While the concept of enterprise service management (ESM) has been around for well over a decade, the terminology isn’t necessarily something that people are aware of. Especially because the term “enterprise service management” isn’t the most commonly used way of pointing to what it is and does. So, with this Enterprise Service Management Explained article, I’m going to attempt to describe what ESM is, along with why it helps.Check out this in-depth article from @SophieDanby on what enterprise service management is, its many other names, adoption levels, & where it fits in with digital transformation. #ESM #ITSM #digitaltransformation Click To Tweet
Enterprise service management explained
As with anything these days, the advent of the Internet has meant that anyone can create and share their definitions of things. An added issue with enterprise service management is that there isn’t an industry-agreed definition as to what it is. Plus, as covered in the next section, ESM isn’t a universally used term.
However, the following is a good example – definition-wise – of what ESM is:
“The use of IT service management (ITSM) principles and capabilities in other business areas to improve their operational performance, services, experiences, and outcomes.”
The many other names for ESM
There have long been other names for what this article is calling enterprise service management. For example:
- Beyond IT (or beyond ITSM)
- Outside IT
- Taking the IT out of ITSM
- Service management
- Shared services.
Then, more recently, digital transformation and digital workflow enablement have been added to the list of possible enterprise service management alternatives.
To put these name differences into context, a 2021 global survey by AXELOS and ITSM.tools found that both service management and digital transformation are more popular names, for the use of ITSM capabilities outside of IT than ESM. However, enterprise service management is still commonly used for the marketing and selling of these capabilities, especially from a tool perspective.While the term ESM is commonly used for the marketing & selling of the capabilities, a new survey finds that both service management & digital transformation are more popular names for the use of #ITSM capabilities outside IT. Click To Tweet
The aforementioned AXELOS and ITSM.tools survey found that two-thirds of organizations (67.6%) currently have enterprise service management strategies in flight. 37.5%, i.e. over half of these organizations, were considered to be well advanced with their strategy – this is up from just 7% in 2019.
Importantly, for those organizations that are loath to consider the benefits, they’re in the minority – with only 11.0% of organizations having no plans for ESM in the future.
More granular adoption statistics are included later.
A little history
Enterprise service management is well over a decade old, even though the growth in its adoption has been in the last half-decade. Originally, ESM was simply the “tactical” use of the corporate ITSM tool by another business function. This was likely to improve the business function’s operational efficiency and effectiveness and to reduce costs.
While this tactical approach to sharing service management capabilities worked and still does, these use cases were often a “force fit” of the ITSM tool – it was simply a “lift and drop” of the ITSM tool, rather than something that fundamentally changed how service delivery and support is done.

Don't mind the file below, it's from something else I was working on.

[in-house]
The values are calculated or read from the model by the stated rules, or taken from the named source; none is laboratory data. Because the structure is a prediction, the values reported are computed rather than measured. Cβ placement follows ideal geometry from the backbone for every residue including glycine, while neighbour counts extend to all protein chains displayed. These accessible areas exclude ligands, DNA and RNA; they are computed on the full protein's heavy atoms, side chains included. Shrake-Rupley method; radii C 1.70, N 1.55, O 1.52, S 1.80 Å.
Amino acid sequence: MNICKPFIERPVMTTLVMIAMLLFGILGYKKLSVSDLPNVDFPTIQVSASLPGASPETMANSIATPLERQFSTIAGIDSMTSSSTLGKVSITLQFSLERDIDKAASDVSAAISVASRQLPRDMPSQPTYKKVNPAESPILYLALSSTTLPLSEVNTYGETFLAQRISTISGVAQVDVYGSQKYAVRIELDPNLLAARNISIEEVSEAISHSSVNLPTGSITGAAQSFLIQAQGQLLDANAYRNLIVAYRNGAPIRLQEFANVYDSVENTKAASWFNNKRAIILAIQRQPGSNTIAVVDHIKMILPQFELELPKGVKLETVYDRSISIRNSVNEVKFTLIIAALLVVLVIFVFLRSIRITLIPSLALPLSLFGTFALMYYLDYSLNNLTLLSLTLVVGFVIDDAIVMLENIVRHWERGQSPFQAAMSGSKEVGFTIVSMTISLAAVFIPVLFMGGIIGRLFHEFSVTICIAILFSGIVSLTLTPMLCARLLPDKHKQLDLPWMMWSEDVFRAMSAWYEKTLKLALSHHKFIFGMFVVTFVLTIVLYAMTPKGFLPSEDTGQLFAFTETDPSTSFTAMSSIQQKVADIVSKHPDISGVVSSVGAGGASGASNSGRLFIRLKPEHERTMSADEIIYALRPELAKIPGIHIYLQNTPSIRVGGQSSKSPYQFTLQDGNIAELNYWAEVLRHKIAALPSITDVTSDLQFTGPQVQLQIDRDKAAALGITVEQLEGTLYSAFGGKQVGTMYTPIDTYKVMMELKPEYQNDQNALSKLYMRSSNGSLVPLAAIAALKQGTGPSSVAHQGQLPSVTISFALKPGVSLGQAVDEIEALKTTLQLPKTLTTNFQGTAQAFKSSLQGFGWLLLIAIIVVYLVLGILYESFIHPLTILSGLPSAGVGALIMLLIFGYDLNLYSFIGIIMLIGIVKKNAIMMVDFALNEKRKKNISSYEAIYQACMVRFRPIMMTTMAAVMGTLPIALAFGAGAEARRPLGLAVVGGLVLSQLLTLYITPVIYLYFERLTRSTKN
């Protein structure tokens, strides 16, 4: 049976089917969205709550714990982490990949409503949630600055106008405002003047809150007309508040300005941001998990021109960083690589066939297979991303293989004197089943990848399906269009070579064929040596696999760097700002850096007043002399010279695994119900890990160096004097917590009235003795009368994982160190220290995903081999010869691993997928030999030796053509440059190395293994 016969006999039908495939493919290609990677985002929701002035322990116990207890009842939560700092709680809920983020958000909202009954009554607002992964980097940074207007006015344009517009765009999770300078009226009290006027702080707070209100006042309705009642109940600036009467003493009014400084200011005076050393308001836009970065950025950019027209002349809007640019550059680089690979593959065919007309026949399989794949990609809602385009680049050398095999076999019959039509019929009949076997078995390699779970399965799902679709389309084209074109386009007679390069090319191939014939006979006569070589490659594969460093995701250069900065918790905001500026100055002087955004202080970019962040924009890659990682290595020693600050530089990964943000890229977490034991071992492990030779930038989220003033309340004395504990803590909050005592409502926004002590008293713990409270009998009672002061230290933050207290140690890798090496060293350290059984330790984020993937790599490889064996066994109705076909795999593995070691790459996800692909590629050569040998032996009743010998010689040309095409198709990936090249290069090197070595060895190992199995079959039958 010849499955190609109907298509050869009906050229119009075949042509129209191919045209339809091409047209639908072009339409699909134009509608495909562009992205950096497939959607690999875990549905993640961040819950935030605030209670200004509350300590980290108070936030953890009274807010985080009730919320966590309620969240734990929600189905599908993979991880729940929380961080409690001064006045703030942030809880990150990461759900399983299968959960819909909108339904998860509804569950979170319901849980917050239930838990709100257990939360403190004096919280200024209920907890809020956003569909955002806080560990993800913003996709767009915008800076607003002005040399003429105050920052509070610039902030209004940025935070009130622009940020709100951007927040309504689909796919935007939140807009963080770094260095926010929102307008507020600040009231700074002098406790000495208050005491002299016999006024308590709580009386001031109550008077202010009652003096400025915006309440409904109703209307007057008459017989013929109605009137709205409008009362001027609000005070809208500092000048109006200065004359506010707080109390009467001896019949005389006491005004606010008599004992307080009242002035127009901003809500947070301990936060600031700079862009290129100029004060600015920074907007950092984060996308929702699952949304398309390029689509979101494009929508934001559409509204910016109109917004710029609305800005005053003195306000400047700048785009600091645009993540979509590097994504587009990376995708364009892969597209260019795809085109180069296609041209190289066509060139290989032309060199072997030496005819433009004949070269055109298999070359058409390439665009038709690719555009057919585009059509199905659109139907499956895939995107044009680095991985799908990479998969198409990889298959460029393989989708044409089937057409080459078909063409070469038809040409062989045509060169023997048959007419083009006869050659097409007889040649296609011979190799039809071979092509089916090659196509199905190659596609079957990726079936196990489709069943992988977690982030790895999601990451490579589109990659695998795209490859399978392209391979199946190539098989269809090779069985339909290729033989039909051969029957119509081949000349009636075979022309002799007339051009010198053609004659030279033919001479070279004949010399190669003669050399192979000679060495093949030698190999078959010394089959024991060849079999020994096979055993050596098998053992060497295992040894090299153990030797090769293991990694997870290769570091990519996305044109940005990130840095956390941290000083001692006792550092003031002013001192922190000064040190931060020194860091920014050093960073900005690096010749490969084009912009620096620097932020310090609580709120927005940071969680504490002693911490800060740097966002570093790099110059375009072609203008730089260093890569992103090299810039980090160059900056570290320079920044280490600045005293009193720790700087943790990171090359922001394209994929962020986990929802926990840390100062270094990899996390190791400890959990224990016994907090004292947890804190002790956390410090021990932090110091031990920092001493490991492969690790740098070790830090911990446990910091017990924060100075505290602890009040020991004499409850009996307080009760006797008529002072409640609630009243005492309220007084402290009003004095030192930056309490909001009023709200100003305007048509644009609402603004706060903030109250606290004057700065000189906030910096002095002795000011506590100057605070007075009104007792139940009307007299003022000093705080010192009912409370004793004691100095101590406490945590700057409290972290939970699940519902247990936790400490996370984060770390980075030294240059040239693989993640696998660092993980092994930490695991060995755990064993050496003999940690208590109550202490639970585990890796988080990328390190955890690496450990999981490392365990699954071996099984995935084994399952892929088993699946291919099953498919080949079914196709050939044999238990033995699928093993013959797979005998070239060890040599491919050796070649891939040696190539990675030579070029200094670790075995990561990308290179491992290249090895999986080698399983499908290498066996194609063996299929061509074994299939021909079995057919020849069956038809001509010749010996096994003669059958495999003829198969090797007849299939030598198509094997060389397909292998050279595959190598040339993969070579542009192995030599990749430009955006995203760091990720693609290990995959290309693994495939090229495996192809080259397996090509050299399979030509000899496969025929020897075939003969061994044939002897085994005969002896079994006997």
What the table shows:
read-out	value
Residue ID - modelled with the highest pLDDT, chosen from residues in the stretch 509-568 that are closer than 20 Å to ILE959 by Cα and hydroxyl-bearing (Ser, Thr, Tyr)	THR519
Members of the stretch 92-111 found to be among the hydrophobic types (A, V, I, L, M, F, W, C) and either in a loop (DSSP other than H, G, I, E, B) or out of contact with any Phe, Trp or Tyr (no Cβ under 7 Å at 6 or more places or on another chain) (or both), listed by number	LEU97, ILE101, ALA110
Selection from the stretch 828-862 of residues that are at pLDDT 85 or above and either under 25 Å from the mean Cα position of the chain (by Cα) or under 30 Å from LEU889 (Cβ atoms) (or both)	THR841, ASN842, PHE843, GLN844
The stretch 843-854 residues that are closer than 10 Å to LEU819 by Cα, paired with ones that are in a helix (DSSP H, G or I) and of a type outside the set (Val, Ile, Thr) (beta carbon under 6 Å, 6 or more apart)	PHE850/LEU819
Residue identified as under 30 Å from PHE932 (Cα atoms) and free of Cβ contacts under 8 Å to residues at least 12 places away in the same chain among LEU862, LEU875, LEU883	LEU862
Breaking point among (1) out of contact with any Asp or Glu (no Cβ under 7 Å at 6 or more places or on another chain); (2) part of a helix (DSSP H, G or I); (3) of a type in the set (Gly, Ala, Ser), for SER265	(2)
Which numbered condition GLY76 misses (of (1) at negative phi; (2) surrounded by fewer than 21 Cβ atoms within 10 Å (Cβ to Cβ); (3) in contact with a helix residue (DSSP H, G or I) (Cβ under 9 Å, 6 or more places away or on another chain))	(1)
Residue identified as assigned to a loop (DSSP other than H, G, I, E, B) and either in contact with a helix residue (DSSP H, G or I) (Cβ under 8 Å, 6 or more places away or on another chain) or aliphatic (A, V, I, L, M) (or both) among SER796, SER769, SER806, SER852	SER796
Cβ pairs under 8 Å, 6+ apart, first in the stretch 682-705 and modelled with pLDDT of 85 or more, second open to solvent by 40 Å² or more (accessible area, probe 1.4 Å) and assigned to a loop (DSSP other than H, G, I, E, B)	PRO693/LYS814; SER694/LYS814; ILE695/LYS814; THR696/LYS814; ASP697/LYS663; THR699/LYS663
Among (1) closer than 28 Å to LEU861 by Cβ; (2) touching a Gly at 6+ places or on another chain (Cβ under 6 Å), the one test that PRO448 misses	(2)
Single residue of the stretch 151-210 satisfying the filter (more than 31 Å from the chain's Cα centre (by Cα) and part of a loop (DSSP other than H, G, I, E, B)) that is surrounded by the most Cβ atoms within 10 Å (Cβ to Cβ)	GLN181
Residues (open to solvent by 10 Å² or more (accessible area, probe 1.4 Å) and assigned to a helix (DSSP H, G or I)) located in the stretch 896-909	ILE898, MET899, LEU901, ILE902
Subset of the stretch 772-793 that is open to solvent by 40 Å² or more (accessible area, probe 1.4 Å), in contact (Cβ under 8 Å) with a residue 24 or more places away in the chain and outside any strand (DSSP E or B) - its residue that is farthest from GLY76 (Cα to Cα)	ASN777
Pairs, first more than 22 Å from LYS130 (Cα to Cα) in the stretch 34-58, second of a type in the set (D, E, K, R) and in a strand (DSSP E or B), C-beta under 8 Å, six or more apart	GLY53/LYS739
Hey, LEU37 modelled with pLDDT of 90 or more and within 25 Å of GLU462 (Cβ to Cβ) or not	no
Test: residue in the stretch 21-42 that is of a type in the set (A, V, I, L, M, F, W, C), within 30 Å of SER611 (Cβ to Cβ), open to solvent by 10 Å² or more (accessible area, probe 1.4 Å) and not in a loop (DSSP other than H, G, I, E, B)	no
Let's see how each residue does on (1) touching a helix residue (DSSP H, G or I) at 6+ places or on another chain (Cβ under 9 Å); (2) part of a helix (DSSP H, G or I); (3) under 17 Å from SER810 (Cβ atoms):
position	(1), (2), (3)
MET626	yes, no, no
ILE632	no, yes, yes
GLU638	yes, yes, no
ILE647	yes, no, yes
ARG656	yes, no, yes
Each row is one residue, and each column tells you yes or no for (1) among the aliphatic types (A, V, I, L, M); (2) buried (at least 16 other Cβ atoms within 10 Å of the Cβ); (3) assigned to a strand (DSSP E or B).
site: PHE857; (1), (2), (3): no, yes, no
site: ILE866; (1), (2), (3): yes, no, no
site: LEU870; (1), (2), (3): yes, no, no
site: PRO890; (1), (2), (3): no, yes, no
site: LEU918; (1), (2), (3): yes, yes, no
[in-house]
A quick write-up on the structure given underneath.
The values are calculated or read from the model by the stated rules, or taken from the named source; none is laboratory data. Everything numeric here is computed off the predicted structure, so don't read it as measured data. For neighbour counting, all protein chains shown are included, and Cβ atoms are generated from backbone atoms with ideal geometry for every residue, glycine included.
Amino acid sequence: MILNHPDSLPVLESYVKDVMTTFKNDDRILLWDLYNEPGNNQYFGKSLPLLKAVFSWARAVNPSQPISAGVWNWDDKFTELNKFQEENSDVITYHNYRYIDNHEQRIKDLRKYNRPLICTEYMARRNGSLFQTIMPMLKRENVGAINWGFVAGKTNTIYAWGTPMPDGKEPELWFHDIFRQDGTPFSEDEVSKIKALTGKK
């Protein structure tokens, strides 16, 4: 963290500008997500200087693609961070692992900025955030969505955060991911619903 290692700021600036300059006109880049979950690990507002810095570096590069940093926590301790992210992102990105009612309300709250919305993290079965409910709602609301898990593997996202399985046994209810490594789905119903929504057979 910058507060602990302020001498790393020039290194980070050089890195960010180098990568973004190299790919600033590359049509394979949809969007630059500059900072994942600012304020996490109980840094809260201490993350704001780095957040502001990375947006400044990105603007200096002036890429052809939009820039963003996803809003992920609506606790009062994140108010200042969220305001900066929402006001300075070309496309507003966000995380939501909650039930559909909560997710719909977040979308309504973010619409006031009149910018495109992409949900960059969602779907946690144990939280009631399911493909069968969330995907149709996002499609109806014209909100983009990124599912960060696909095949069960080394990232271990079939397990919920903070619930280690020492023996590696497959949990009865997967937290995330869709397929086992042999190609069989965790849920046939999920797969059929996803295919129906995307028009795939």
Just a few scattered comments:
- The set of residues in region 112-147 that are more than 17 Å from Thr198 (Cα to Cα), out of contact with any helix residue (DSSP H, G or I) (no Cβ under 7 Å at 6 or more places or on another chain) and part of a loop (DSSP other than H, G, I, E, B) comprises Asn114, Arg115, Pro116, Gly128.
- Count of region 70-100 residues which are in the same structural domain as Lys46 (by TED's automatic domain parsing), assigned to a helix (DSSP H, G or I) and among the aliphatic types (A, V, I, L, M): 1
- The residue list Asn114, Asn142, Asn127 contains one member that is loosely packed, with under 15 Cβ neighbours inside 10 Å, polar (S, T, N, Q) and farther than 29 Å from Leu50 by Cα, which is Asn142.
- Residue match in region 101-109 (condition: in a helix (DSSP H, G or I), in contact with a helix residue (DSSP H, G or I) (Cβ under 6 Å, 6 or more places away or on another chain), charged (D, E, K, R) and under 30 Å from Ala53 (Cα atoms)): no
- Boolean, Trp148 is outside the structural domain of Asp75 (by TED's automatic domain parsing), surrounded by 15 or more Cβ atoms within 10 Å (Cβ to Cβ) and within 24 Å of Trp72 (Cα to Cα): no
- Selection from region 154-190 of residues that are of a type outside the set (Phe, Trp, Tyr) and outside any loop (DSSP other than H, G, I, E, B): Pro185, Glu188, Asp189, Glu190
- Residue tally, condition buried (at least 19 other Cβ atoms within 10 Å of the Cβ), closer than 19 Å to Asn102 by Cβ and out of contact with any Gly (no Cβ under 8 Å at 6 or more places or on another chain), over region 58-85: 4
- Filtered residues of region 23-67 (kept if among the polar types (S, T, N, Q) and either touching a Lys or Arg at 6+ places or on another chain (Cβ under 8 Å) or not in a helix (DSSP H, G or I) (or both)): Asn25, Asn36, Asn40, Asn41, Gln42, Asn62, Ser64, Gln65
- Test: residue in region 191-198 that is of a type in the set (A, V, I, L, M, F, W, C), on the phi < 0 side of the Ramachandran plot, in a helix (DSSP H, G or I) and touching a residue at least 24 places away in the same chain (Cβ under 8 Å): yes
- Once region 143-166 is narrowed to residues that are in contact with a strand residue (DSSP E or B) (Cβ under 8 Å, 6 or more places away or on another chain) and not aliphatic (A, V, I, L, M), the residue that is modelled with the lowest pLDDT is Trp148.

Now, enterprise service management is more likely to be a strategic approach that not only improves business-function operational efficiency and effectiveness while reducing costs but also enables distributed working and delivers better employee experiences. Thanks in part to a better industry understanding of how service management capabilities, that have been proven in ITSM scenarios, can be leveraged to:
- Improve service quality and the associated experiences
- Increase efficiency and effectiveness
- Reduce costs
- Improve insight into operations and outcomes.
Strategic versus tactical enterprise service management
The previous section speaks to both tactical and strategic ESM and you need to understand how they differ.
The decade-old, singular use of an ITSM tool in one other business function can be considered “tactical” enterprise service management. Think of it as a one-time improvement, and a quick fix to a business-function need. For example, the human resources (HR) department’s use of the ITSM tool to move work out of email inboxes and spreadsheets to benefit from workflow management, and wider work-enhancement, capabilities across all three of “better, faster, cheaper”.Strategic versus tactical enterprise service management… here @SophieDanby explains why you need to understand how they differ #ITSM Click To Tweet
“Strategic” enterprise service management, on the other hand, is the business-driven sharing of ITSM capabilities across the organization. Here, it’s more than a quick fix for a specific business function need. Instead, the aim is to improve as much of the organization’s operational capabilities as possible and, as outlined later, strategic enterprise service management can fulfill an organization’s need for digital transformation in digital workflow enablement terms. For example, related improvements might start with facilities, then progress to HR, the customer service/support team, finance, etc.
Given that there’s no industry definition for ESM, it’s unsurprising that the use of tactical and strategies as differentiators of approach aren’t an industry standard either. It’s important to understand the differences though when looking at ESM statistics or when considering the possible benefits. In terms of the latter, it’s simply logical that the more your organization is improved, the greater the benefits it can reap.
The key factors that have driven ESM adoption
As humans, we often want to know the what, then the why (and then the how). So, it’s not enough to understand what enterprise service management is – the “why” is important too. Here, the “why” can be viewed from two perspectives. First, the benefits that organizations reap from the adoption of ESM and, second, the factors that have helped to drive the growth in its adoption.